This week in Rome antitrust investigators put the kibosh on a “donation” made by Tod’s to help fund the restoration of this symbol of Rome (read the article here). This halt to funding could not come at a worse the since this week more cracks and damage have been found on the monument and more fragments have come tumbling down. The reason for the halt, according to Rome’s mayor, is nothing of concern, since many agreements, especially when they involve the country’s heritage, are subject to scrutiny of regulators. Others believe that this will setback plans to restore the monument, further endangering it from pollution, age, and the vibrations from the metro which runs underground nearby.
And should private companies be given “control” the image rights of monuments? Can Italy afford not to strike agreements with private companies to help support the restorations of dozens and dozens of monuments? Or is it simply an easy “out” for Italy, taking money from corporations to fund projects that they should be working to manage and maintain? Can Italy afford these kind of “Faustian” arrangements?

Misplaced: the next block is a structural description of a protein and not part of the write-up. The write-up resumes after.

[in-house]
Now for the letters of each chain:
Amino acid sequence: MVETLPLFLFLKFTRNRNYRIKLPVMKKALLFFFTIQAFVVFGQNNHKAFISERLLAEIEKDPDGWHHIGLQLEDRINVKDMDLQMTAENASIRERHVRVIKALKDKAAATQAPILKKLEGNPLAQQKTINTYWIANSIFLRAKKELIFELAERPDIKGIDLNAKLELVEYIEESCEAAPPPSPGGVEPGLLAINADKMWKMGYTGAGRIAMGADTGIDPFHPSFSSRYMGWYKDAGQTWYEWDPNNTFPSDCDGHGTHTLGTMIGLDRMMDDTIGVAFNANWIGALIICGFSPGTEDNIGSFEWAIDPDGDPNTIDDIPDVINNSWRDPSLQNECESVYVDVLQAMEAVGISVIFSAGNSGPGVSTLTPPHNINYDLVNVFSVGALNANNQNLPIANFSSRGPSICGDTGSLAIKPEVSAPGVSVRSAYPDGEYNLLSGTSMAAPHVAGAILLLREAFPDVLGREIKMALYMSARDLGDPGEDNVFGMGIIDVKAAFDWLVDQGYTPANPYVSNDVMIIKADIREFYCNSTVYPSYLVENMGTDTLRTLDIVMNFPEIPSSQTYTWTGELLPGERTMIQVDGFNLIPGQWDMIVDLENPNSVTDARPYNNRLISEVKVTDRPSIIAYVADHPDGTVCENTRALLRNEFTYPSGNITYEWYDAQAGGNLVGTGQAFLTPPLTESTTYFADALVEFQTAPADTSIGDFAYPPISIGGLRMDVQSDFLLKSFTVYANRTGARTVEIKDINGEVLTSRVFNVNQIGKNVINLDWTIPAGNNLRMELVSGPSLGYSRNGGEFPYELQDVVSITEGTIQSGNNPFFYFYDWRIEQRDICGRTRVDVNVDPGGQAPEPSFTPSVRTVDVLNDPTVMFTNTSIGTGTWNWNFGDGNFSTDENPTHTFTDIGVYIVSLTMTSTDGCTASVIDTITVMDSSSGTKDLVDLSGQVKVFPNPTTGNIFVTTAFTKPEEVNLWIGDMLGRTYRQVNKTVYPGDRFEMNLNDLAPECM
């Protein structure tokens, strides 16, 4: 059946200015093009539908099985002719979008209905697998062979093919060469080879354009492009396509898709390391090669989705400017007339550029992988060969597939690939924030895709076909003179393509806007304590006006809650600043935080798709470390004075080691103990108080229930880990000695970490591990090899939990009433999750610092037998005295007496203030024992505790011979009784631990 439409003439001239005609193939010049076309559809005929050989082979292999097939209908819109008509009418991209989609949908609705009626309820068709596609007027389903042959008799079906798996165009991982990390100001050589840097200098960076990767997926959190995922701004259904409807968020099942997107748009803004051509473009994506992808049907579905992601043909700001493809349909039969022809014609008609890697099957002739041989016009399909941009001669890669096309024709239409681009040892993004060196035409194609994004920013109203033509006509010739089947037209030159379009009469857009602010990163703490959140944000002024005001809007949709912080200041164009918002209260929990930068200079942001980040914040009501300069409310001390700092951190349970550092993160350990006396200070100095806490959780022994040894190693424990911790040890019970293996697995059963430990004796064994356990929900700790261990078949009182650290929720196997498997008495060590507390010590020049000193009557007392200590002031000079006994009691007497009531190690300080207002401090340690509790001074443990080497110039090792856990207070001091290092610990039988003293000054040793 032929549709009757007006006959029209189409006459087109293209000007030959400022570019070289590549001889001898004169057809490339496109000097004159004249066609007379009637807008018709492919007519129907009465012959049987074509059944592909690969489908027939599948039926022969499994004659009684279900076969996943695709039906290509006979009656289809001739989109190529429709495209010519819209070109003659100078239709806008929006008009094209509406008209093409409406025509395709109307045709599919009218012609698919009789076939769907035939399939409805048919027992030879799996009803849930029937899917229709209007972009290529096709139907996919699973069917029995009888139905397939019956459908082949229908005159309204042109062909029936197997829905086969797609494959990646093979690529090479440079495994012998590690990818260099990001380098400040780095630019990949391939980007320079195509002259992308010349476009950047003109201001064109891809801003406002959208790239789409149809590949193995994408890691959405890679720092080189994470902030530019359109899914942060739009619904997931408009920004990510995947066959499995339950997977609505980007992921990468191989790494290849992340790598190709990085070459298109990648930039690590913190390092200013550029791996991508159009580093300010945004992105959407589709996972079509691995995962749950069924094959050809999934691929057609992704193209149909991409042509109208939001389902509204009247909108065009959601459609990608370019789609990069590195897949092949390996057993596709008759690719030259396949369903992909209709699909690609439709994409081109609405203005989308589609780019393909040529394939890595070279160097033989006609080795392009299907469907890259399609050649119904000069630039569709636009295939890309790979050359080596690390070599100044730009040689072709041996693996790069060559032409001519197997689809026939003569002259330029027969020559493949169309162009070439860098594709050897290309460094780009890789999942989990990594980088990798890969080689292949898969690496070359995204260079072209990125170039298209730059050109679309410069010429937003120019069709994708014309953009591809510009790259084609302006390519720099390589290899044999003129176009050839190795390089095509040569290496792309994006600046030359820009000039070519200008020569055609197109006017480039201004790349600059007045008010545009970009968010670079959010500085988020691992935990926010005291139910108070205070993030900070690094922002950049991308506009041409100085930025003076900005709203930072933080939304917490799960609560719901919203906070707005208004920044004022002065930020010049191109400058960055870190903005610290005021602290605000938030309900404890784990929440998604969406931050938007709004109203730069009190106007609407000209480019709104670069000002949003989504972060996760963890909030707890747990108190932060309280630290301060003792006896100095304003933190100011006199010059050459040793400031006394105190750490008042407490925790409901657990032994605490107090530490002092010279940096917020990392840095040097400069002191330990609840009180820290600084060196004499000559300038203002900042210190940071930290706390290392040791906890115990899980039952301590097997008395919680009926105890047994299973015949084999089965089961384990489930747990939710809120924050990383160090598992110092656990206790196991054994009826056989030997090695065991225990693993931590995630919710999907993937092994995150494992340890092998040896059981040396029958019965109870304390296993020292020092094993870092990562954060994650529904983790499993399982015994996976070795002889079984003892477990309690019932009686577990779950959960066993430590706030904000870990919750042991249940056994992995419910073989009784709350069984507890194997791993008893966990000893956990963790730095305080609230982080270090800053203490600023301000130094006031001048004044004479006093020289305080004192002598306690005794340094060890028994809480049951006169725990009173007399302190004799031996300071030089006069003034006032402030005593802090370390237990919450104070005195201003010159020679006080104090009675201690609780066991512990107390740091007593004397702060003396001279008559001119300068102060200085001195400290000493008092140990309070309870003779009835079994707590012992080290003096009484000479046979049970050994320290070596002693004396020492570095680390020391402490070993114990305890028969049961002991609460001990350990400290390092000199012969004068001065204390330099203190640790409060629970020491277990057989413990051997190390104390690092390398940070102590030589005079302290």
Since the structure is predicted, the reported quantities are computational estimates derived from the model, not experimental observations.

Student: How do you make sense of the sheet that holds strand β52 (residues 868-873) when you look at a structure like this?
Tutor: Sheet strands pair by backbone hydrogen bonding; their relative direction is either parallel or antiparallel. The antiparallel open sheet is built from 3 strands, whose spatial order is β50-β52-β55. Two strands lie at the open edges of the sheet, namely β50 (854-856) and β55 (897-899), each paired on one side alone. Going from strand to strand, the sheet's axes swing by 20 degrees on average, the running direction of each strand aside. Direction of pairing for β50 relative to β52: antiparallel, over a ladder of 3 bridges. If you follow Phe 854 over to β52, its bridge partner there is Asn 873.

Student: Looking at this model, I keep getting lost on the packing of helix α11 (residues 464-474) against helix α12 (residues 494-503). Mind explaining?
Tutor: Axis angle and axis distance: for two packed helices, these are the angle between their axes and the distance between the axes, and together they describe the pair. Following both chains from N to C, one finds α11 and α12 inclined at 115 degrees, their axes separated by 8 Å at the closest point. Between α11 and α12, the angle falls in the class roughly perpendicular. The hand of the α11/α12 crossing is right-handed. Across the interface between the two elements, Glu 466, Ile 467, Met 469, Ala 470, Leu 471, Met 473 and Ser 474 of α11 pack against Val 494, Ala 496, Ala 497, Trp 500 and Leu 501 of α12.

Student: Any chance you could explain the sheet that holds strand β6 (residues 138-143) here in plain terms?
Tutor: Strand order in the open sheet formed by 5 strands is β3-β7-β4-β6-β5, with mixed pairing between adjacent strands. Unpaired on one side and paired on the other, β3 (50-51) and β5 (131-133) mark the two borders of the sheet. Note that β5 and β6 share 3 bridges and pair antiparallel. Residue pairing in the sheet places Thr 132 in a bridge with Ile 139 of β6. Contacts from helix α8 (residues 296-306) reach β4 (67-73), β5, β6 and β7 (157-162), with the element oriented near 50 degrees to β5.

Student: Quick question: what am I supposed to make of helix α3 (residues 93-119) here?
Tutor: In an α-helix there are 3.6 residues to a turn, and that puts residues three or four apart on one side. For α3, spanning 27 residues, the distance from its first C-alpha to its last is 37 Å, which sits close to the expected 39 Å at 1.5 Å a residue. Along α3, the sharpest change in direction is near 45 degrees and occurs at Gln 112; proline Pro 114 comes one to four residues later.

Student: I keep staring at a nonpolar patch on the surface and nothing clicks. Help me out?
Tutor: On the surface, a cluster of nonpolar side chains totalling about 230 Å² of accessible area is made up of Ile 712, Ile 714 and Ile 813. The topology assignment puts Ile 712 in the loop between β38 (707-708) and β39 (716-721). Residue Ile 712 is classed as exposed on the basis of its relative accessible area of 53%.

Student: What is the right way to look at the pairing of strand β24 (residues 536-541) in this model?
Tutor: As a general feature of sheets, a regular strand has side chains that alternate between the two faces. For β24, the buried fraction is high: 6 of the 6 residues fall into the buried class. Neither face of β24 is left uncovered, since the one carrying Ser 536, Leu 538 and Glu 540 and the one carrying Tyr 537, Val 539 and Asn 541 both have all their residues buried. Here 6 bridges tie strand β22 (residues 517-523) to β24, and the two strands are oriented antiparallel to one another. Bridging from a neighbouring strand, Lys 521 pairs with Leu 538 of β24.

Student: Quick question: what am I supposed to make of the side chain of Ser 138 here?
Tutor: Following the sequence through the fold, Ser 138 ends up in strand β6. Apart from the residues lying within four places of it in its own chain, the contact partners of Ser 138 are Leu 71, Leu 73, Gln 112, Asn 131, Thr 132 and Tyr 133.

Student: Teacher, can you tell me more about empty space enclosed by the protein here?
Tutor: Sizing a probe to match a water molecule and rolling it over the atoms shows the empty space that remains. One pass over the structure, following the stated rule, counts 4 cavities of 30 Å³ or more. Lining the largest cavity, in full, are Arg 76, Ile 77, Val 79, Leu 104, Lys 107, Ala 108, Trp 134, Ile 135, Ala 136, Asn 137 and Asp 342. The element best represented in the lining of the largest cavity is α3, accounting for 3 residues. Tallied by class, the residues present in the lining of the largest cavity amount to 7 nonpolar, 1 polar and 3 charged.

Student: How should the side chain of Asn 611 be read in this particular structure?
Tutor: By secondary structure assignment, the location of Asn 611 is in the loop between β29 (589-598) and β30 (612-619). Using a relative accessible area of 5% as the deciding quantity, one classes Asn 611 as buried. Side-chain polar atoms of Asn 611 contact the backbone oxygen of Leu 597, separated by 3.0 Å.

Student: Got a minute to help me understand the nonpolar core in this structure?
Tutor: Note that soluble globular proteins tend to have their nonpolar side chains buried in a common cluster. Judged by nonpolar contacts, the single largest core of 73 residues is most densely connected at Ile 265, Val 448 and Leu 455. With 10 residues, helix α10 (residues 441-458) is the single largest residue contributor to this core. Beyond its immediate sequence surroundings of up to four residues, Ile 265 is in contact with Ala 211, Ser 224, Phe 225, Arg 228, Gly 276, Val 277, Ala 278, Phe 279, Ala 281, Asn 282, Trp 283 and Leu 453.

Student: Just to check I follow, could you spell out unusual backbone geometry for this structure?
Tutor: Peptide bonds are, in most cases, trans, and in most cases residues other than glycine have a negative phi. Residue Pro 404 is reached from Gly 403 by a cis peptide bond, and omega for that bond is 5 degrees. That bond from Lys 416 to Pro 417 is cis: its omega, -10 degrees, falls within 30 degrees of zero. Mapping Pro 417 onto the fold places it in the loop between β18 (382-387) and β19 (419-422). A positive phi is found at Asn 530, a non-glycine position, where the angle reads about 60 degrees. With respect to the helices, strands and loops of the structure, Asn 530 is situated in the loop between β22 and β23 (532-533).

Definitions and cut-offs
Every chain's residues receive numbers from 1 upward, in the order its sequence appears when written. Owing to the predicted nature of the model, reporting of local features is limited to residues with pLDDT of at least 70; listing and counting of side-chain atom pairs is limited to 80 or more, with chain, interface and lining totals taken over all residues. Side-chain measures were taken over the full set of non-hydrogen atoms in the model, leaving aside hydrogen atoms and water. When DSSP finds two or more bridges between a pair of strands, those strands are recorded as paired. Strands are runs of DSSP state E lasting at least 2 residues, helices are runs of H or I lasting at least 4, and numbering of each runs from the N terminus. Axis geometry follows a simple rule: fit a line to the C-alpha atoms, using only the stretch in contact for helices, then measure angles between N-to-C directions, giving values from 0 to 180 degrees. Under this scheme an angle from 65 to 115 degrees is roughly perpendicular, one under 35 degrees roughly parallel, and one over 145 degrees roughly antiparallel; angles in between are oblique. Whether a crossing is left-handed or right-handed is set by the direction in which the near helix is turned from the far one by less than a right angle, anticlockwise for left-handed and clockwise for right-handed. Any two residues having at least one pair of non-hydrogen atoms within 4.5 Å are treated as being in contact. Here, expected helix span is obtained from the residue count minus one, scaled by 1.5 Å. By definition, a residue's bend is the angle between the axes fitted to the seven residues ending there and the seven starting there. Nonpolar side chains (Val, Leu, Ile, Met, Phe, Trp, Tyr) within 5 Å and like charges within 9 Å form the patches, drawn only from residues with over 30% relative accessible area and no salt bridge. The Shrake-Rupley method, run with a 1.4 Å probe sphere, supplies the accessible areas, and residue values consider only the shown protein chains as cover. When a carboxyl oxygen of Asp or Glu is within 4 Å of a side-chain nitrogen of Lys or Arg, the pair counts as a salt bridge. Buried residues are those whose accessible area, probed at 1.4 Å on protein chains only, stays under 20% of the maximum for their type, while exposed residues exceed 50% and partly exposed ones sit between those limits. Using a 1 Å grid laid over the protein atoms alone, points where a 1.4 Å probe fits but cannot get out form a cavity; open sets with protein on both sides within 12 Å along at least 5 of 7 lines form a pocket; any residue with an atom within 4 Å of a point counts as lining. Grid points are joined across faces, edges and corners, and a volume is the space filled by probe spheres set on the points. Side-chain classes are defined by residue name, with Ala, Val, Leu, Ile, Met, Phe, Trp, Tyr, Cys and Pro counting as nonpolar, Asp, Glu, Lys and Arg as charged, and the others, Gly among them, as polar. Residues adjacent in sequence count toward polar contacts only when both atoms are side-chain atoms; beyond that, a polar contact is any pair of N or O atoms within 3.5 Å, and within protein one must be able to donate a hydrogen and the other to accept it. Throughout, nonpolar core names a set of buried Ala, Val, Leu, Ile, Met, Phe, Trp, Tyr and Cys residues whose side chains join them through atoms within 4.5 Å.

With so much history and culture packed into one place, it is virtually impossible for the government and local authorities to keep up. Not only do they face fiscal pressures, they also face environmental problems, such as pollution, traffic and vandalism. The money and manpower needed to keep these monuments safe and open to all is a daunting and almost impossible task, one that is further complicated by Italy’s economic crisis. The political crisis of Berlusconi’s time in government certainly didn’t help the situation either, and now Italy, faced with one of its worst economic crises since World War II, probably has less money to go around to combat these problems, focusing all its energies on remaining with the EU and lowering its debt costs and burden.
Perhaps these kinds of projects is where the Italian government should be hedging its bets — putting money into lasting projects that will provide jobs, spur the economy while preserving the beauties and splendors of the Eternal City, not just for Italians but for the entire world.